It has been suggested that this article be merged with Marbles (game). (Discuss) Proposed since February 2024.
German handmade marbles dating from the 1850s – 1880s on an antique solitaire gaming board
Kids playing 'Kancha' Marble (toy) game near Shambhunath Temple, Nepal

A marble is a small spherical object often made from glass, clay, steel, plastic, or agate. They vary in size, and most commonly are about 13 mm (12 in) in diameter. These toys can be used for a variety of games called marbles, as well being placed in marble runs or races, or created as a form of art. They are often collected, both for nostalgia and for their aesthetic colors.

Sizes may vary, but usually range from about 0.5 cm to 3.5 cm in diameter. [1]

In the North of England the objects and the game are called "taws", with larger taws being called "bottle washers" after the use of a marble in Codd-neck bottles, which were often collected for play.



Roman children playing with nuts, child sarcophagi circa 270–300. Museum Pio Clementino, Vatican

In the early twentieth century, small balls of stone from about 2500 BCE, identified by archaeologists as marbles, were found by excavation near Mohenjo-daro, in a site associated with the Indus Valley civilization.[2]: 553  In modern India the game is called "kanche". Marbles are often mentioned in Roman literature, as in Ovid's poem "Nux" (which mentions playing the game with walnuts), and there are many examples of marbles from excavations of sites associated with Chaldeans of Mesopotamia and ancient Egypt. They were commonly made of clay, stone or glass. Marbles arrived in Britain, imported from the Low Countries, during the medieval era.[3]: 19 

In 1503, the town council of Nuremberg, Germany, limited the playing of marble games to a meadow outside the town.[4][unreliable source?] The name "marble", used for the little toy balls, comes from this region and era, and refers to such balls being made of marble.[5] At this point, marbles were made in mills and quarries by polishing small fragments of real stone like marble, agate, alabaster, limestone, and even brass.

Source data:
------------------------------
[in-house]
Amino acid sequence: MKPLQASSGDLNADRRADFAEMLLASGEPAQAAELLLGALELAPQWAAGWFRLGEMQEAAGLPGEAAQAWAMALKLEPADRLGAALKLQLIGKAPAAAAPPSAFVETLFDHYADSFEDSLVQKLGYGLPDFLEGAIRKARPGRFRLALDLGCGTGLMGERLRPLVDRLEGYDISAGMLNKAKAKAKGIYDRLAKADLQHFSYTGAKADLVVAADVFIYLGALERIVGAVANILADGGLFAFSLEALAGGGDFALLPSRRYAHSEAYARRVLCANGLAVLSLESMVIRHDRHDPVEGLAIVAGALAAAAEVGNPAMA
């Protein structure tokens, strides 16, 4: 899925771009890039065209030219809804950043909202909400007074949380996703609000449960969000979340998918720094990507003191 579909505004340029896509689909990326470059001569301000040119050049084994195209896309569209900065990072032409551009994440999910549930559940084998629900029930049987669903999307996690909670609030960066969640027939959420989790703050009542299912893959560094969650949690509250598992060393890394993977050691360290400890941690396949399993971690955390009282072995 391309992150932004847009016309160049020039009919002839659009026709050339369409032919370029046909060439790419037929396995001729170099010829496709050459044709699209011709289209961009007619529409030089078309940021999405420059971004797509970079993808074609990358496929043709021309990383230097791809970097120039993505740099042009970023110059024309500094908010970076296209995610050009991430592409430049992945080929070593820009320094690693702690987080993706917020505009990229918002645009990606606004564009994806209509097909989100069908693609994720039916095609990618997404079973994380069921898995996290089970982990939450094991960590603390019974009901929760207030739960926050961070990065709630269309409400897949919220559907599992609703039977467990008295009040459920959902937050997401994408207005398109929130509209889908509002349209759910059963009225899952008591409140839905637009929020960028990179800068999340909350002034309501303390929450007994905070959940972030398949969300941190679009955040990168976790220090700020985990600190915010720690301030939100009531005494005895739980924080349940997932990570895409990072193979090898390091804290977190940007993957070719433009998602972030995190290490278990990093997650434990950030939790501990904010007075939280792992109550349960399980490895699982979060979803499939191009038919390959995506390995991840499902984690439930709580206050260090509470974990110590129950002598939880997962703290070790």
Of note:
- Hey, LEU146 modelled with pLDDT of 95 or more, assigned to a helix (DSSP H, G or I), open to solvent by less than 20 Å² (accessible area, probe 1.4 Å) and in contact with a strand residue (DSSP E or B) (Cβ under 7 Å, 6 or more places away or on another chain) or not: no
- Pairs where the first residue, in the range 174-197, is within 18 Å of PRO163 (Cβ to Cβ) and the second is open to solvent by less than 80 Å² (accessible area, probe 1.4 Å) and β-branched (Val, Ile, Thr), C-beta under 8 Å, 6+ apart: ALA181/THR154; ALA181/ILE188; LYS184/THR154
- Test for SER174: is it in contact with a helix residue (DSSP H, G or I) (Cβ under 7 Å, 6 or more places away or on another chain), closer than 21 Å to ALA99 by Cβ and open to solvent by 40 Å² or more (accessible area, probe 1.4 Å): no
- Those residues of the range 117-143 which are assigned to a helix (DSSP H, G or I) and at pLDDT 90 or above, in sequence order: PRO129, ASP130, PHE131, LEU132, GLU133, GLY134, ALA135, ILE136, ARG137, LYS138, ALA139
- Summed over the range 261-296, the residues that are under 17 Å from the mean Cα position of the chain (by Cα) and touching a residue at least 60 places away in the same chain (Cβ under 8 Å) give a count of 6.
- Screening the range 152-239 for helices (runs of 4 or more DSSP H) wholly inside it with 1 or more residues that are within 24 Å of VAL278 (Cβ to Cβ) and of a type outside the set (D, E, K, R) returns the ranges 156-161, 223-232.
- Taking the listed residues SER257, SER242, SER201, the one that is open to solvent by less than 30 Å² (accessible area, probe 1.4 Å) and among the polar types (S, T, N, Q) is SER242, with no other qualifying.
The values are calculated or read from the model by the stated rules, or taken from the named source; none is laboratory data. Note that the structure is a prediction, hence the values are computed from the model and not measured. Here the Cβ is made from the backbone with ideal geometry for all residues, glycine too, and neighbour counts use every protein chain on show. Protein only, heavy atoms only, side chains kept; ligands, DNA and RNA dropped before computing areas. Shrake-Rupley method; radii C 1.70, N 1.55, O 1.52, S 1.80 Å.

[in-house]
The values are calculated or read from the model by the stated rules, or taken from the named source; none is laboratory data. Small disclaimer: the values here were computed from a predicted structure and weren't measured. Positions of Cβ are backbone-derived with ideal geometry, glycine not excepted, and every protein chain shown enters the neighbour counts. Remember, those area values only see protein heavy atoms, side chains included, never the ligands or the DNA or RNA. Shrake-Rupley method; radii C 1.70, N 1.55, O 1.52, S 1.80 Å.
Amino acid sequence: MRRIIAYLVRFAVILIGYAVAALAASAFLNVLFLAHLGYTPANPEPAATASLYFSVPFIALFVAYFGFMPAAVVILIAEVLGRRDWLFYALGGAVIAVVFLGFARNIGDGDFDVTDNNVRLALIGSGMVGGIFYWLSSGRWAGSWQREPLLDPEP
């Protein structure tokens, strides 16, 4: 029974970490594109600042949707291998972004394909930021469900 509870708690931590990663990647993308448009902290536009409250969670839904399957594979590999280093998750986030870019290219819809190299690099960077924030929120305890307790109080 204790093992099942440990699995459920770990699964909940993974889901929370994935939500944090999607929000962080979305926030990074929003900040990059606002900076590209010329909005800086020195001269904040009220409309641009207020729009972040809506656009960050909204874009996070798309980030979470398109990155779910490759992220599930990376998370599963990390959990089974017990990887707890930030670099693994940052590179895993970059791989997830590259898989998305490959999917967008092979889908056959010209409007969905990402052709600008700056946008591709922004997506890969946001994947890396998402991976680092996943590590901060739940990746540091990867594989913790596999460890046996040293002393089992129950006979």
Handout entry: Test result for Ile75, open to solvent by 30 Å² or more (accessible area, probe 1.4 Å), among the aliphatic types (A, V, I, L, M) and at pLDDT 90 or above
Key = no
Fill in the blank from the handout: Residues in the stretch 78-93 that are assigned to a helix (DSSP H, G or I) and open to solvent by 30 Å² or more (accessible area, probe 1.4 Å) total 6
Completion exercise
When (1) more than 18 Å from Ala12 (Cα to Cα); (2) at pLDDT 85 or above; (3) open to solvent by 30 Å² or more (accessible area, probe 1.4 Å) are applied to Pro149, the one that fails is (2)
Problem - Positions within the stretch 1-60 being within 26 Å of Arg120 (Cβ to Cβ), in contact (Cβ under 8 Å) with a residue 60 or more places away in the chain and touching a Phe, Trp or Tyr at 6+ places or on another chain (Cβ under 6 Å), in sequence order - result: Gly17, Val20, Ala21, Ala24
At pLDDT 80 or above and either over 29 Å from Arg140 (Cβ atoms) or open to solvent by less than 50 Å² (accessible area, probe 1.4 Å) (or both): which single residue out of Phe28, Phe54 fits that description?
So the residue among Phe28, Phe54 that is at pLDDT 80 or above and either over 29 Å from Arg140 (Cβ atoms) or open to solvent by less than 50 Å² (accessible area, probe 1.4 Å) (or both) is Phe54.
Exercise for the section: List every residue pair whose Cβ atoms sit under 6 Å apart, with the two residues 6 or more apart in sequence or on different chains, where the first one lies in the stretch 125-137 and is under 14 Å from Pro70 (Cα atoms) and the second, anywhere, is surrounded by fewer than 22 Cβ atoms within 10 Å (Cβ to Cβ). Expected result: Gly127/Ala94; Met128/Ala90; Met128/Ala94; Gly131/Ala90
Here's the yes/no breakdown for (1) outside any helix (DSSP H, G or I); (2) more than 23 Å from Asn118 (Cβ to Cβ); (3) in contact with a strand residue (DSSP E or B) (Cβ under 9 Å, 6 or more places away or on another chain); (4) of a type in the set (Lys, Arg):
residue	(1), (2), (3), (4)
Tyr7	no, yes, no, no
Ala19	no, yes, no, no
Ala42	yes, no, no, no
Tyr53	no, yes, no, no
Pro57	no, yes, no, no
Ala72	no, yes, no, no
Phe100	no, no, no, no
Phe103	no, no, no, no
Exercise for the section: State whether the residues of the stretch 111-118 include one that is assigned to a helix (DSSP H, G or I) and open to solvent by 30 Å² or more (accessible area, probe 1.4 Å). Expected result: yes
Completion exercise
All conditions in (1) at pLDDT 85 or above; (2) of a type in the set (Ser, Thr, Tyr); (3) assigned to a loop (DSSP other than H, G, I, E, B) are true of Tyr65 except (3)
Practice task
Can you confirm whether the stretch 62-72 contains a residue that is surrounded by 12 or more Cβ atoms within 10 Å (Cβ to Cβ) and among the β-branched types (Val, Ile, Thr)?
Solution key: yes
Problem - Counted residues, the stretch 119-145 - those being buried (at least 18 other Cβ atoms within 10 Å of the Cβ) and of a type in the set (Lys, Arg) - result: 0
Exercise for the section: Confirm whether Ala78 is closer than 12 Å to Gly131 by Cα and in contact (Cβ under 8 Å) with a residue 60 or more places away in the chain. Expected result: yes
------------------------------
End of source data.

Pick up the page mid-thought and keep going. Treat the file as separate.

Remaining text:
It is unknown where marbles were first manufactured.[6] A German glassblower invented marble scissors, a device for making marbles, in 1846.[7]: 148  Ceramic marbles entered inexpensive mass production in the 1870s.[citation needed]

The game has become popular throughout the US and other countries.[8] The first mass-produced toy marbles (clay) made in the US were made in Akron, Ohio, by S. C. Dyke, in the early 1890s. Some of the first US-produced glass marbles were also made in Akron by James Harvey Leighton. In 1903, Martin Frederick Christensen—also of Akron—made the first machine-made glass marbles on his patented machine. His company, M. F. Christensen & Son Co., manufactured millions of toy and industrial glass marbles until they ceased operations in 1917. The next US company to enter the glass marble market was Akro Agate. This company was started by Akronites in 1911, but located in Clarksburg, West Virginia. Today, there is only one American-based toy marble manufacturer: Marble King, in Paden City, West Virginia.[9][10]

Types of game

Main article: Marbles (game)

Game of Marbles, Karol D. Witkowski

Various games can be played with marbles.

One game popular in the United Kingdom and United States is ring taw (or "ringer"), where a ring is drawn on the ground and a number of small marbles placed within it. Players take turns to flick a larger "taw" marble at these marbles, attempting to knock them out of the ring.[11]

World championship

The British and World Marbles Championship has been held at Tinsley Green, West Sussex, England, every year since 1932.[12][13][14] (Marbles has been played in Tinsley Green and the surrounding area for many centuries:[12][15] TIME magazine traces its origins to 1588.[16]) Traditionally, the marbles-playing season started on Ash Wednesday and lasted until midday on Good Friday: playing after that was thought to bring bad luck.[13] More than 20 teams from around the world take part in the championship, each Good Friday; German teams have been successful several times since 2000,[12][15][17] although local teams from Crawley, Copthorne and other Sussex and Surrey villages often take part as well;[12][16][18] the first championship in 1932 was won by Ellen Geary, a young girl from London.